After 3 months of treatment, an overwhelming number of clinicians and patients preferred directional over omnidirectional DBS.
Data presented at the 2020 MDS Virtual Congress, September 12–16, 2020, from the PROGRESS study (NCT02989610) revealed that 90.6% of patients with Parkinson disease (PD) had a wider therapeutic window (TW) when undergoing treatment with directional deep brain stimulation (DBS) compared with omnidirectional DBS.1
The study included 234 patients (mean age, 62 years [±8]; 33% female) who received subthalamic nucleus (STN) DBS programed with omnidirectional stimulation for 3 months followed by directional stimulation for 3 months.
A blinded, off-medication evaluation of TW for directional vs conventional stimulation at 3 months, the primary end point of the study, was met with superiority for directional (P <.001) DBS. Additionally, patients showed a mean increase in TW of 41% (2.98 [±1.38 minimum amplitude (mA)]) compared with 2.11 (±1.33 mA) for omnidirectional DBS (P <.001).
Scores on the Unified Parkinson Disease Rating Scale (UPDRS) part III motor score (on medication) were improved in both groups at both timepoints. Upon the conclusion of the 6-month study, 53% (102 of 193) of participants blinded to stimulation type preferred the period with directional stimulation, while 26% (50 of 193) preferred the omnidirectional period and 21% (41 of 193) had no preference.
Similarly, 113 of 193 clinicians (59%) reported they preferred the directional period, compared with 41 (21%) who chose the omnidirectional period. Investigators noted that there were improvements in the minimum amplitude required to achieve therapeutic benefit and the side effect threshold, leading to a 40% wider TW.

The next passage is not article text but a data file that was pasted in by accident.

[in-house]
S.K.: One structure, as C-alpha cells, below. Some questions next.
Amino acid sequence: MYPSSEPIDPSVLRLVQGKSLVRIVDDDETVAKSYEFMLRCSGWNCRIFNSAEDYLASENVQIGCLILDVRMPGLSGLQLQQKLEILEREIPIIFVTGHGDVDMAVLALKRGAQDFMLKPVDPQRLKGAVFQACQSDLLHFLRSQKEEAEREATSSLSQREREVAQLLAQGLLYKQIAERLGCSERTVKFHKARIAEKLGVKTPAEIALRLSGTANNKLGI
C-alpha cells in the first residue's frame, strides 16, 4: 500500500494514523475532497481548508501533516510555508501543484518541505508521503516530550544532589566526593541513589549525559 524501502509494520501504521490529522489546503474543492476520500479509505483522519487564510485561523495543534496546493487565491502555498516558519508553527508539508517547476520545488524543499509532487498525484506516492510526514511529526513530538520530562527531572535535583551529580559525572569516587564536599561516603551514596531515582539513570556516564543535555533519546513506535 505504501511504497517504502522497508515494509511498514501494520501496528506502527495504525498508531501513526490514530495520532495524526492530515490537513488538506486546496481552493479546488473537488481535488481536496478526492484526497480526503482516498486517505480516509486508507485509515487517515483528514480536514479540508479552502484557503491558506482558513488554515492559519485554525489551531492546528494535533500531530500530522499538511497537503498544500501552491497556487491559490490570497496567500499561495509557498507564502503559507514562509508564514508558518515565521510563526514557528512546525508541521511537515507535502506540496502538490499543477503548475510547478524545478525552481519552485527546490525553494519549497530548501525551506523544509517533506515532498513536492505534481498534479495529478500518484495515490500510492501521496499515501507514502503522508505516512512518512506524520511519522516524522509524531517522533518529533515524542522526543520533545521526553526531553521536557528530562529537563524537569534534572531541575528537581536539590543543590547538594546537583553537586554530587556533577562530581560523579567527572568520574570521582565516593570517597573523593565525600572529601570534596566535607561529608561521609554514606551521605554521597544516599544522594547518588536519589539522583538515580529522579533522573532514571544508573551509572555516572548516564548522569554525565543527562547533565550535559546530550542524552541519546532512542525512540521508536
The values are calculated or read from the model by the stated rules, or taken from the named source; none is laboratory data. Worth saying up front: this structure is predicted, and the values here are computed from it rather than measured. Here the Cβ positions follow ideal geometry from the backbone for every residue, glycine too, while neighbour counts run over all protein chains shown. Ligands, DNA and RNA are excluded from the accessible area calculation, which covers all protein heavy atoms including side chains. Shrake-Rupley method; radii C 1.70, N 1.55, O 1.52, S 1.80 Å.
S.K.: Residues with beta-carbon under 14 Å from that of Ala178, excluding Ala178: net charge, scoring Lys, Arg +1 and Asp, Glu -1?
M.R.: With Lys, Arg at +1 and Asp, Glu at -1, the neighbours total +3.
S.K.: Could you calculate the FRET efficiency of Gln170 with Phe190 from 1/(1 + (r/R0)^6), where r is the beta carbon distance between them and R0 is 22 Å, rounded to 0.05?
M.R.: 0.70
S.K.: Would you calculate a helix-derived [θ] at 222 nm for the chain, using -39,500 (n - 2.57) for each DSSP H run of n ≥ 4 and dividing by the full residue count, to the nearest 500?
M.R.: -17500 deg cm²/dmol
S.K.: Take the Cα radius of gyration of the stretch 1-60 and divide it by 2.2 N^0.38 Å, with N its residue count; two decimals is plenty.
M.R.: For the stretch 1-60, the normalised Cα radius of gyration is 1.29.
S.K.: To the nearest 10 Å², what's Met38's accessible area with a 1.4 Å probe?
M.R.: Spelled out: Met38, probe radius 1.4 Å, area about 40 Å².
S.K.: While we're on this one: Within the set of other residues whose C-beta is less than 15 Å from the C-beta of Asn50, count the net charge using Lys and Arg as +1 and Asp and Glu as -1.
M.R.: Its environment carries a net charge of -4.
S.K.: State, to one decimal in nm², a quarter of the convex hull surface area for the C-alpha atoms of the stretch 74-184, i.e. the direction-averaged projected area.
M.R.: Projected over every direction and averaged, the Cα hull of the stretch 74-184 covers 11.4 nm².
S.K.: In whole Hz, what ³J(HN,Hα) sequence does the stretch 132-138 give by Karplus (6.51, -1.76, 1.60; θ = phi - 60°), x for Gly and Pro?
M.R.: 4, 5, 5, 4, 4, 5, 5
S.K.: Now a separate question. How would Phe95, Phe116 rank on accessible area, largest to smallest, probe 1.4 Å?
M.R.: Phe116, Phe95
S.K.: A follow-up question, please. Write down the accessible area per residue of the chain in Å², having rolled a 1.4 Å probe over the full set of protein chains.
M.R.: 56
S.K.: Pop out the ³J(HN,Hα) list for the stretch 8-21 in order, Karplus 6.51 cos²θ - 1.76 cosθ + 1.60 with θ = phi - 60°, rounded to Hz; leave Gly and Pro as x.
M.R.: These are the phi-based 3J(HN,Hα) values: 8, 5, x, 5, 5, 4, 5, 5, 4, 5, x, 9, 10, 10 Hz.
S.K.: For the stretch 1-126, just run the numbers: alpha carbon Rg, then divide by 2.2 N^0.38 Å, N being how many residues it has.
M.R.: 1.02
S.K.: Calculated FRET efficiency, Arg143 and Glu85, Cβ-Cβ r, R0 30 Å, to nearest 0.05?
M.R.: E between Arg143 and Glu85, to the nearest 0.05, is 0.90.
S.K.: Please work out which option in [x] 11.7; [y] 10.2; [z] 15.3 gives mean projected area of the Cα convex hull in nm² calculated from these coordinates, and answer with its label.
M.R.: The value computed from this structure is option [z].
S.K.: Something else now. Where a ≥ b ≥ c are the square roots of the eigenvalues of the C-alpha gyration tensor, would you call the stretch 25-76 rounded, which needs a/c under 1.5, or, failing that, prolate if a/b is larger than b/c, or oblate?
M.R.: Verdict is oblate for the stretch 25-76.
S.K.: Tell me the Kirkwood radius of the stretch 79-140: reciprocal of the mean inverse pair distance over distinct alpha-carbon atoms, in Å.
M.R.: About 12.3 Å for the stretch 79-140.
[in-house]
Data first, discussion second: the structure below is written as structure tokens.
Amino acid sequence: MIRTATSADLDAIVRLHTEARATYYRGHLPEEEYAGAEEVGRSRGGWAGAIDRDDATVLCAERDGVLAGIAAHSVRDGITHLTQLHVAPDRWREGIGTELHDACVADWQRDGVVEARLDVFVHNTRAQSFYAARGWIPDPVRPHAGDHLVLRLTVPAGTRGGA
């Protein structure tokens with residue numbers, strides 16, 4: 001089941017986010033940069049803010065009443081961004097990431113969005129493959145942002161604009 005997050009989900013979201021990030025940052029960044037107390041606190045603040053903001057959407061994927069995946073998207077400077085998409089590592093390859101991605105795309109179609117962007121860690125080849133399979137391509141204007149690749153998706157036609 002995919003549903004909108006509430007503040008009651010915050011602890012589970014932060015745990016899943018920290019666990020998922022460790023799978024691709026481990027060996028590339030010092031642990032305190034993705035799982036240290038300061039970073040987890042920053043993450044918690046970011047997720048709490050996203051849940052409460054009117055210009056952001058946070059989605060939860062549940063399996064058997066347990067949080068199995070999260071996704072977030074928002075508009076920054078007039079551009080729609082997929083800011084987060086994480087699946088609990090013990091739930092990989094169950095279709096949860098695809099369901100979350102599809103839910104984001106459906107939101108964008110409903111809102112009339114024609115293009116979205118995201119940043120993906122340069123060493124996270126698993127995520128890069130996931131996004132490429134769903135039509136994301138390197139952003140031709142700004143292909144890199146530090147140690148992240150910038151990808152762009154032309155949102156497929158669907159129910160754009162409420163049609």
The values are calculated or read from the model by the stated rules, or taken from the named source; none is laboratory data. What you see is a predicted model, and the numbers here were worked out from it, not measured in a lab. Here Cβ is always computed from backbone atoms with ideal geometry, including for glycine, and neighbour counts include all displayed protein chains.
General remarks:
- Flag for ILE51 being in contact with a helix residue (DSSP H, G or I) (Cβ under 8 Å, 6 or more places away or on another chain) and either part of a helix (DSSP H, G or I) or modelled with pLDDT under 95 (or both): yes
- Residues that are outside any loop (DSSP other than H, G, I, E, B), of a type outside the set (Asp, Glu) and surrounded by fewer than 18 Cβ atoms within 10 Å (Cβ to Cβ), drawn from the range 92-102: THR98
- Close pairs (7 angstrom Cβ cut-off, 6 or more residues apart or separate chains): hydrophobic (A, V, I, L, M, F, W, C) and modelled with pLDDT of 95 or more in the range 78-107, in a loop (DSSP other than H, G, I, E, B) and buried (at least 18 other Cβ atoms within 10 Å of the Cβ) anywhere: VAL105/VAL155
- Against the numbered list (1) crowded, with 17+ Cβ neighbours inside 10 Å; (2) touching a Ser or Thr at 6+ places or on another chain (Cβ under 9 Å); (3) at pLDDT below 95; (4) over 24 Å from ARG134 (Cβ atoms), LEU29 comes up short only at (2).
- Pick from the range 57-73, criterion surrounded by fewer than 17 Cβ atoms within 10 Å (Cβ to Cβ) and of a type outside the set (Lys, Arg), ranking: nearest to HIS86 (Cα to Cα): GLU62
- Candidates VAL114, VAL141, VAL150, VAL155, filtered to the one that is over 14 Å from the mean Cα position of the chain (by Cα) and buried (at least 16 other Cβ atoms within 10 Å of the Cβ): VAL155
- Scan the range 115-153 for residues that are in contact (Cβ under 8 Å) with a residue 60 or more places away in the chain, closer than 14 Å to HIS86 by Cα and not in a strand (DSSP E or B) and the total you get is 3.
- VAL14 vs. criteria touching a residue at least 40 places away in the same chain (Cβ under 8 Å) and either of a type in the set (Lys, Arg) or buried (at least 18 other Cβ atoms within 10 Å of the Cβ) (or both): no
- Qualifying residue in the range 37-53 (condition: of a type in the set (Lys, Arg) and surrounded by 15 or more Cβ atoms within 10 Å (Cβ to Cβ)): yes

Additional end points at 3, 6, and 12 months included adverse events (AEs), therapeutic current strength (TCS), medication reduction, quality of life, and UPDRS part III motor score. Full results including 12-month data will be made available at a later time point, according to the study authors.
Abbott, whose Infinity DBS system was used during the study, released initial data from PROGRESS in March 2019. At the time, Matthew Brodsky, MD, medical director of Oregon Health and Science University’s DBS program and primary investigator of the trial, said in a statement, “These data are very encouraging as they further reinforce that directional deep brain stimulation therapy may benefit a wide variety of patients living with Parkinson disease.”2
The Infinity DBS system is currently the only directional DBS system approved to target all major areas associated with movement disorders, including PD and essential tremor. It received approval for an expanded indication to target the internal globus pallidus, an area of the brain that may improve symptoms of PD, in January 2020.3
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